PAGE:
regarding the question about automated dimmers. I am
using (mfgr) Lightolier (model) MultiSetPro dimmers, switches,
and controllers. The system is, IMO, fairly clever. The wiring
connections, however, are very complex.
Each switch and dimmer has 5 connections: hot, neut, gnd,
switched hot, and data buss. Each controller (and there *can*
be something like 30, if you want.... I have 2) has 3 connections:
hot, neut, and data buss.
Each switch and dimmer can be operated manually just like a regular
switch/dimmer. In this case, you are manually overriding the system.
The controller has 5 "scenes". Each scene can be any combination
of dimmer/switches, and any individual dimmer brightness setting.
To program, press a scene code (for example "A"),
set up your room the way you want it,
then press a set button on each dimmer
or switch. The dimmer or switch remembers how
it is suppposed to act under program code A.
Same for B, C, D. 5th scene is all units "on".
The buss connection is low voltage, low current,
so you can use a single strand of
insulated wire and snake it to retrofit.
In my case, I had the sheetrock off, so I ran
14/3 romex and used the 3rd wire for the buss connection.
Once you program things, it remembers,
even if you cut the mains, so there is
some ePROM kind of thing in each unit.
There is also a wireless remote, if you
are *really* bored.
In my case, I have under-cabinet fluorescents,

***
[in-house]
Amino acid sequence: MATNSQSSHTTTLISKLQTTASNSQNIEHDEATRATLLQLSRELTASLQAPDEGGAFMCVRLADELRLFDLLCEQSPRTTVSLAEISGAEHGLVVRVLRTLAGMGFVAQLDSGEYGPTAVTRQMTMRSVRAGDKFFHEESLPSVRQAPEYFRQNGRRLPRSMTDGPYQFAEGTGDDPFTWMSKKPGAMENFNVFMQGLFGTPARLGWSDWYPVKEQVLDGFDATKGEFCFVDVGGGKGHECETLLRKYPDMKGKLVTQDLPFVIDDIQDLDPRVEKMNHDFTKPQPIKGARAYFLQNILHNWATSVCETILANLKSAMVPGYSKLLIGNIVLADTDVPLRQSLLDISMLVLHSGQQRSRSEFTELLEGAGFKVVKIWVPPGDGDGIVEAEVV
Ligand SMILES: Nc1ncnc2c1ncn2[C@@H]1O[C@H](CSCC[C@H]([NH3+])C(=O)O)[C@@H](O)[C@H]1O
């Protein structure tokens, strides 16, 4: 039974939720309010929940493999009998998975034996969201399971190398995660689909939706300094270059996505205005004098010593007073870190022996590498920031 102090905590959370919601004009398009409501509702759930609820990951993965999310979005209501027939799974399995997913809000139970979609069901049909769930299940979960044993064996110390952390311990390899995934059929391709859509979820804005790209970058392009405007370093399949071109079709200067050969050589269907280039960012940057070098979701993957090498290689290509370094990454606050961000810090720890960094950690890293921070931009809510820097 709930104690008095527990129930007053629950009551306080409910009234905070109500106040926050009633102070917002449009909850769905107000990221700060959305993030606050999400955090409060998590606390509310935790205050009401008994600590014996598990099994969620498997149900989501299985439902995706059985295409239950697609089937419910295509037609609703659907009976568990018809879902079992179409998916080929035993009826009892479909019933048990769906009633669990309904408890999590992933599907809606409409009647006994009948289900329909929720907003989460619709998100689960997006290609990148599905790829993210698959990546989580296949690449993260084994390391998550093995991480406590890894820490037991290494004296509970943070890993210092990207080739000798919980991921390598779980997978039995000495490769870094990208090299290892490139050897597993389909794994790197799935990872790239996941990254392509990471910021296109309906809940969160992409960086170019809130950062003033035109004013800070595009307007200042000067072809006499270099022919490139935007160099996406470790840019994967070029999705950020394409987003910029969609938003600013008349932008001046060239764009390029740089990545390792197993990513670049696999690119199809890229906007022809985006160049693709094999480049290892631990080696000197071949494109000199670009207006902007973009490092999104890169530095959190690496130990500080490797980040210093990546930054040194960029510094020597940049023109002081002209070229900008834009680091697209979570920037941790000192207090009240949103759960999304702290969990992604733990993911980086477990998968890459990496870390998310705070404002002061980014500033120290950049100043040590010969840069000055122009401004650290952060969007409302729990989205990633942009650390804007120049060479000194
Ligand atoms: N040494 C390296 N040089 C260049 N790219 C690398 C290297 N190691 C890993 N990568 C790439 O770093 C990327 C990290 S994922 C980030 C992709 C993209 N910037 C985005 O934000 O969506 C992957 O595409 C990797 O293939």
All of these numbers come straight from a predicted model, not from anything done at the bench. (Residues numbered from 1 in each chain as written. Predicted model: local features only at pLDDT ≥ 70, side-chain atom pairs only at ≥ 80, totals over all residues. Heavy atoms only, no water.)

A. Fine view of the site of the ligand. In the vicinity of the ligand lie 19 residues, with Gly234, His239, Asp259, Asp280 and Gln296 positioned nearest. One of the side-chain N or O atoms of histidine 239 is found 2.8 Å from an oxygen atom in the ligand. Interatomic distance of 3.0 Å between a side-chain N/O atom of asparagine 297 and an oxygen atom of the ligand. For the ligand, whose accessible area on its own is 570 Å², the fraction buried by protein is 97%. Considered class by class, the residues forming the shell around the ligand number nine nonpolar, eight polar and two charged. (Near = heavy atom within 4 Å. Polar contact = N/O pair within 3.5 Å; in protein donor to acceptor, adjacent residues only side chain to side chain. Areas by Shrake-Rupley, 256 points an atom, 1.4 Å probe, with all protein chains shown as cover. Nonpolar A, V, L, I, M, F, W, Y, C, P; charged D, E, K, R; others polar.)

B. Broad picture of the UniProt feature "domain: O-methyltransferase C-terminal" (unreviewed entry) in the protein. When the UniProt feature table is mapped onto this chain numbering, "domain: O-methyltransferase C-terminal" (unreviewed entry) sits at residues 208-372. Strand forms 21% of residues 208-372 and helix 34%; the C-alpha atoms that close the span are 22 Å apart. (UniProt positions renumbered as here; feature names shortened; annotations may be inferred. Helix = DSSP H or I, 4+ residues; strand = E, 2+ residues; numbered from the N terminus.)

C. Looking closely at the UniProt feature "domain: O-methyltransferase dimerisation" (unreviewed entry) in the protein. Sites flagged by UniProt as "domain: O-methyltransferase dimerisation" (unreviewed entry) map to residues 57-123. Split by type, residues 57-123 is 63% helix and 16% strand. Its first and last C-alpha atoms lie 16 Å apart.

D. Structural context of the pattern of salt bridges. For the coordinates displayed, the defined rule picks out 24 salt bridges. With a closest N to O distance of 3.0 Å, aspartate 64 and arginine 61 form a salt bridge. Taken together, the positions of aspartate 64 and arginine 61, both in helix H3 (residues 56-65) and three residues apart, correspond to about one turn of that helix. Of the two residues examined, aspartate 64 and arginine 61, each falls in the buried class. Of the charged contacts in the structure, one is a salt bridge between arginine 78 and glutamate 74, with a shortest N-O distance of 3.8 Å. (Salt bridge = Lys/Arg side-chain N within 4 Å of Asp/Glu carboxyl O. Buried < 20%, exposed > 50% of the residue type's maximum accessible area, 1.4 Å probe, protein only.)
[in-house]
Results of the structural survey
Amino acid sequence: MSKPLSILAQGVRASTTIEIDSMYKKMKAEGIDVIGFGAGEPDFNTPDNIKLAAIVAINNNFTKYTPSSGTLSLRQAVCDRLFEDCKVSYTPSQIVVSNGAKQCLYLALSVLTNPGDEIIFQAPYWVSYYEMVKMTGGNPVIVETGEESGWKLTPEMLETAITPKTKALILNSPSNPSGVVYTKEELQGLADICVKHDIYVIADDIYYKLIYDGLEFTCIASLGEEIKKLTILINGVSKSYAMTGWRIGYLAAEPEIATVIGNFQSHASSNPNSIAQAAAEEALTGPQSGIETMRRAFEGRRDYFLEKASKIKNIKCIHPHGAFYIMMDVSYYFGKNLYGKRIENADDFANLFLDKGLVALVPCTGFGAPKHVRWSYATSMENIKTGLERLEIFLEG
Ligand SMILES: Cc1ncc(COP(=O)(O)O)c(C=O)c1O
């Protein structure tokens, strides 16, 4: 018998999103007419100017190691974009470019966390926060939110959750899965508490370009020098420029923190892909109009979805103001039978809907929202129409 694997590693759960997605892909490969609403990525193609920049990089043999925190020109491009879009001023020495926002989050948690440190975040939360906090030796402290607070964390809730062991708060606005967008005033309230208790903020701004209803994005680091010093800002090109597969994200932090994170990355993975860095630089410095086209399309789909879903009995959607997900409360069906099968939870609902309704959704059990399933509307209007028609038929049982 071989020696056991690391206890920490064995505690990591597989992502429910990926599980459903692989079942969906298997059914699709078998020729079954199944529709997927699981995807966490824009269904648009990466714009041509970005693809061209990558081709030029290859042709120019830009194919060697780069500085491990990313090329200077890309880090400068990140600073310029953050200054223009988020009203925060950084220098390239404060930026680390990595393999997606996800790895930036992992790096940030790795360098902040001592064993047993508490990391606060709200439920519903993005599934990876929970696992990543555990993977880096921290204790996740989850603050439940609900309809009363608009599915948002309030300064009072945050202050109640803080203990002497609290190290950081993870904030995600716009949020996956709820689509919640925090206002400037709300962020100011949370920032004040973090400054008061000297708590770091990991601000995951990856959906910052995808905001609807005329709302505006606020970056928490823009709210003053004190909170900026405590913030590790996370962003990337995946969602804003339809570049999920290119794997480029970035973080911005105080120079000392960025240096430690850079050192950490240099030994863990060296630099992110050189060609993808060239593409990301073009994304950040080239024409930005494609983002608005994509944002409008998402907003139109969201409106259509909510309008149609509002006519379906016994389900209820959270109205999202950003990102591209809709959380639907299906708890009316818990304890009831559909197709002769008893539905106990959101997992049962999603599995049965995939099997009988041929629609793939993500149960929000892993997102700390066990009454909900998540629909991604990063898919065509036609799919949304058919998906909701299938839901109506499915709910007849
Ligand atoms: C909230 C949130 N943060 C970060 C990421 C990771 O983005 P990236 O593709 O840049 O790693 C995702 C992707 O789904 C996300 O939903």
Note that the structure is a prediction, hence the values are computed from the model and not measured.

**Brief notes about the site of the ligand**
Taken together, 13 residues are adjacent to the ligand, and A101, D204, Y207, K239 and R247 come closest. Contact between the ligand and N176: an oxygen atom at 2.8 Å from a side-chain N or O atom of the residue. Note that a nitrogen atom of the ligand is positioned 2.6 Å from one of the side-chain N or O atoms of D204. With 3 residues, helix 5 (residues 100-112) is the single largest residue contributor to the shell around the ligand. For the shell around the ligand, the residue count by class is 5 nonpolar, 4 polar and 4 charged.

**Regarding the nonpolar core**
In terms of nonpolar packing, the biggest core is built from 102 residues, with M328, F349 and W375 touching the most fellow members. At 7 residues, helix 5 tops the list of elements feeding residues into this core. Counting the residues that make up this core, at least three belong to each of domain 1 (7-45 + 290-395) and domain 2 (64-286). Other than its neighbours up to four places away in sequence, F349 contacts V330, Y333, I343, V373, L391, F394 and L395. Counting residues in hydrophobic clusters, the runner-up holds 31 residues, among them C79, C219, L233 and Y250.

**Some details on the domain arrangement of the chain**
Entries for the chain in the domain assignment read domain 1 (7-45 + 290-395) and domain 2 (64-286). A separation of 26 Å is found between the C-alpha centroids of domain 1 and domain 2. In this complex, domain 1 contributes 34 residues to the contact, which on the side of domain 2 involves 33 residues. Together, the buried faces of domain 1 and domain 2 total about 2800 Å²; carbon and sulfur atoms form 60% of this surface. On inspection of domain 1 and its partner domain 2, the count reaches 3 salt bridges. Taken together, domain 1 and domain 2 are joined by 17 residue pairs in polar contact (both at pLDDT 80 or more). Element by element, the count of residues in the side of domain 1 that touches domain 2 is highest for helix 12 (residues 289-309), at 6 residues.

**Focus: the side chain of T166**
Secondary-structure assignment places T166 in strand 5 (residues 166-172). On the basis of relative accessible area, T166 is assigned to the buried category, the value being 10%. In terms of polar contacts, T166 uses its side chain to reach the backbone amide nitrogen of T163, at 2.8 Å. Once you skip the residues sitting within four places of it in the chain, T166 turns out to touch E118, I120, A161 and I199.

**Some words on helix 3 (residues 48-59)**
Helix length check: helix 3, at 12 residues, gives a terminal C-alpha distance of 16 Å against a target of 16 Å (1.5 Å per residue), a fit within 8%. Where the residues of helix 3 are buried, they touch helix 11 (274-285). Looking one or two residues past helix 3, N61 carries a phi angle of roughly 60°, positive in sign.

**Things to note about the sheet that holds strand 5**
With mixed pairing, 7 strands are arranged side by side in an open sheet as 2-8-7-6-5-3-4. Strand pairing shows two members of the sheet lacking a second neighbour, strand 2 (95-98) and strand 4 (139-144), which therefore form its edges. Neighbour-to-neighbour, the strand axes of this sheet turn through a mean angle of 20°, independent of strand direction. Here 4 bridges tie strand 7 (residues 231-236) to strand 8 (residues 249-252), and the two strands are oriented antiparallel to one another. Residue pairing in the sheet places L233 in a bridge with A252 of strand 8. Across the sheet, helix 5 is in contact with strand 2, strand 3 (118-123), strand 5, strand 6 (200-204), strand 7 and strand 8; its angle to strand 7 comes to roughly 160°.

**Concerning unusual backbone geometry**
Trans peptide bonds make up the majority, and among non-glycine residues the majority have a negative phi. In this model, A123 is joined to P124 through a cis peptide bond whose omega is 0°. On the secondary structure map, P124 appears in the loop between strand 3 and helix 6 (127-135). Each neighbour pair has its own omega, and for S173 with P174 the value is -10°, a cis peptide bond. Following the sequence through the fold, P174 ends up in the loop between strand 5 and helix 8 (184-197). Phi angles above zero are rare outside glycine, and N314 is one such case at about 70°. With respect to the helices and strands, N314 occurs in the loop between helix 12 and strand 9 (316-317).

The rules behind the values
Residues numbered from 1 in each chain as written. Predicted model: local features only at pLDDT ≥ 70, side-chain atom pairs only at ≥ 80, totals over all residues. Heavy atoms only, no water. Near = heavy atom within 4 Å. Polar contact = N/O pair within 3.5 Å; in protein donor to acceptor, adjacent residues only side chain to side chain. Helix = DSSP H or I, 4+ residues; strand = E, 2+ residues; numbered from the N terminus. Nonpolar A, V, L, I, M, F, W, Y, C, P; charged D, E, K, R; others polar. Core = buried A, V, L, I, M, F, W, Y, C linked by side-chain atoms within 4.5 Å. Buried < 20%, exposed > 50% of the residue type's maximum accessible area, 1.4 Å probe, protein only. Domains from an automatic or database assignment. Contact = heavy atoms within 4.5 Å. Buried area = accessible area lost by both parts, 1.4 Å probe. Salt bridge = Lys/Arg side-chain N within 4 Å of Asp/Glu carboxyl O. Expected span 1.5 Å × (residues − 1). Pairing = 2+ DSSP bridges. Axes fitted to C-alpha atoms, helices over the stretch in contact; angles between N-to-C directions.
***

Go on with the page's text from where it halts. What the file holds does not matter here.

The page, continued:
halogen task lighting, and halogen
wall-washer accent lighting for each kitchen
counter, plus halogens around the dinner
table. I have different programs for working
at the counter, sitting at the table,
mininal lighting, and "ambience" illumination
of the cabinets I built myself. Since
I have 2 controllers, one at each kitchen
entrance, I can call each program from
either entrance. It is definitely excessive in terms
of kitchen lighting, but I wanted
to fool around with lighting as a design element.
Even if you don't groove on "scenes",
it is very nice to be walking out of the kitchen and
hit the "OFF" button to kill all the
lights in the kitchen, independent of what is actually on.
It all works. My only beef is that each box
is a rat's nest, a real wiring
nightmare. I wanted to try and clean
things up a bit, and was pondering
the idea of crimping the connections.
Hence the original post.
I actually think I'll get a good crimping tool and
try some crimps, but *NOT* in the kitchen.
Instead, I'll just pick a simple place and try one.
The thread has had lots of good info and opinions.
Again, thanks to everybody
who weighed in.